U.S. President Barack Obama says Libya’s Moammar Gadhafi has lost his legitimacy to lead and must leave office.
Obama commented during a White House news conference on Thursday with Mexican President Felipe Calderon. President Obama said he had instructed U.S. agencies to examine a “full range of options” for Libya. He also said he had authorized the use of military aircraft to help evacuate Egyptians from the region.
President Calderon condemned violence against civilians in Libya. He said it is not possible for civilians to be “massacred” and the perpetrators not be punished.
Meanwhile, world bodies are stepping up their responses to the Libyan crisis.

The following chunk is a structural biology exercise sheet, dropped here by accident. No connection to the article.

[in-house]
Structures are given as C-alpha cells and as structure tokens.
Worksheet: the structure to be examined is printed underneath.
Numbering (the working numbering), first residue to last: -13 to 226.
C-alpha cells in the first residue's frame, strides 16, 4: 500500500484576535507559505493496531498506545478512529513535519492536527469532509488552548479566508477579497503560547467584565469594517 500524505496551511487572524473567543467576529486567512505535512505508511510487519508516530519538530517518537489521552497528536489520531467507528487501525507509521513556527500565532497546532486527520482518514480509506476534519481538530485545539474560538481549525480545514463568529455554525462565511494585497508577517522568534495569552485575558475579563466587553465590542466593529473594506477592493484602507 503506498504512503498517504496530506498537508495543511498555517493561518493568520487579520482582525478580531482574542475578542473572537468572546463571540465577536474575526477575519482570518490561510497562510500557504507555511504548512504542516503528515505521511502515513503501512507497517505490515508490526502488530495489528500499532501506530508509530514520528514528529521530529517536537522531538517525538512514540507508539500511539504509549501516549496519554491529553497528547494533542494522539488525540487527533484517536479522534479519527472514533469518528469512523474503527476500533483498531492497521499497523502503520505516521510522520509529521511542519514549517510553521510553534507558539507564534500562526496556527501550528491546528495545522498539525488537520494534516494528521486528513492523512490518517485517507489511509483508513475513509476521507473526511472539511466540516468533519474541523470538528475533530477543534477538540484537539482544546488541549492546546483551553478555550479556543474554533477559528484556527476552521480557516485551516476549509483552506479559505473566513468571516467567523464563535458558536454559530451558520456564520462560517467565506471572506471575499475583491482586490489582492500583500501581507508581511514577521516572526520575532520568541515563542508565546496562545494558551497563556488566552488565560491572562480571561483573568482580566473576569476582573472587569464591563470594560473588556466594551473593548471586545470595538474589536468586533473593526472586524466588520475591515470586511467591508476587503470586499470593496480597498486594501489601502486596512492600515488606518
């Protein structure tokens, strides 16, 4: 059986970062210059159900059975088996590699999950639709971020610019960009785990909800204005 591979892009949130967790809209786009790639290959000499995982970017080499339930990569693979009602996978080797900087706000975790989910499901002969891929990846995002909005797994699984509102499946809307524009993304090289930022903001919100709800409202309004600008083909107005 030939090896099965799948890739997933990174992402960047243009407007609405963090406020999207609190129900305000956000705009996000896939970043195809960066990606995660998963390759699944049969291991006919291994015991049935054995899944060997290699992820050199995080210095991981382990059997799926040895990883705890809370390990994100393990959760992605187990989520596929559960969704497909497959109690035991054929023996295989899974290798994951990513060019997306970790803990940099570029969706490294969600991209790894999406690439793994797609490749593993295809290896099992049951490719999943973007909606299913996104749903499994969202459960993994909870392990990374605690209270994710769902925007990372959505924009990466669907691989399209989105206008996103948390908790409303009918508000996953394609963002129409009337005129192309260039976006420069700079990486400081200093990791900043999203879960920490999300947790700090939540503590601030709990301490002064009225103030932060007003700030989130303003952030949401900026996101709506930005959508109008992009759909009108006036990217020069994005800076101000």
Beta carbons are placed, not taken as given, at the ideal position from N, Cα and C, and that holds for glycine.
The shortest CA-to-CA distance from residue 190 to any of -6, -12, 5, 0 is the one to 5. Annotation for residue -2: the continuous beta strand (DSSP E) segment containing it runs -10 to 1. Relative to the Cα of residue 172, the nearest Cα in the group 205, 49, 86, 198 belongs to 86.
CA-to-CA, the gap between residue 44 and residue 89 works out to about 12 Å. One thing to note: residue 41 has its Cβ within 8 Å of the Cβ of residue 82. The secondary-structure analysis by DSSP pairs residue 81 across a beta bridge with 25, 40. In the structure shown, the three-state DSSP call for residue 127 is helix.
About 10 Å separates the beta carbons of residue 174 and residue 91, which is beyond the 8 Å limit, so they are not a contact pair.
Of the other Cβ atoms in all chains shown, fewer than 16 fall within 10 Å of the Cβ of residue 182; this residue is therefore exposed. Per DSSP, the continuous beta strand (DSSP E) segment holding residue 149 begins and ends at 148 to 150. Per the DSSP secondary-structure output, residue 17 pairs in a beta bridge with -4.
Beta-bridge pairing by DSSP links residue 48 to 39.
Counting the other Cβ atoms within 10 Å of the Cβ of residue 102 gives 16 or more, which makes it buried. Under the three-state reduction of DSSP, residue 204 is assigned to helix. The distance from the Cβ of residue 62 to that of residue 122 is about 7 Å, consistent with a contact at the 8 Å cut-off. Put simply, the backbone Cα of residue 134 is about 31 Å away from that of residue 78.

International Criminal Court prosecutor Luis Moreno-Ocampo announced an investigation against Gadhafi, his key aides and some of his sons. He said Thursday that he will probe allegations of crimes against humanity in Libya’s violent crackdown on anti-government protesters.
EU foreign policy chief Catherine Ashton said Thursday that the bloc’s foreign ministers will gather in Brussels for a series of meetings on Libya starting on March 10.
NATO chief Anders Fogh Rasmussen said Thursday the alliance has no intention of intervening in Libya, but is “planning for all eventualities.”
Also, a spokesman for Venezuelan President Hugo Chavez says Libya has accepted a plan that calls for Chavez to seek a negotiated solution to Libya’s unrest. News organizations say the Arab League is studying Chavez’s plan.
On Wednesday, Arab League foreign ministers said they would consider backing a “no-fly zone” and would pursue talks on the best way to protect Libya’s citizens and assure their security. But the group said rejected any direct outside military intervention.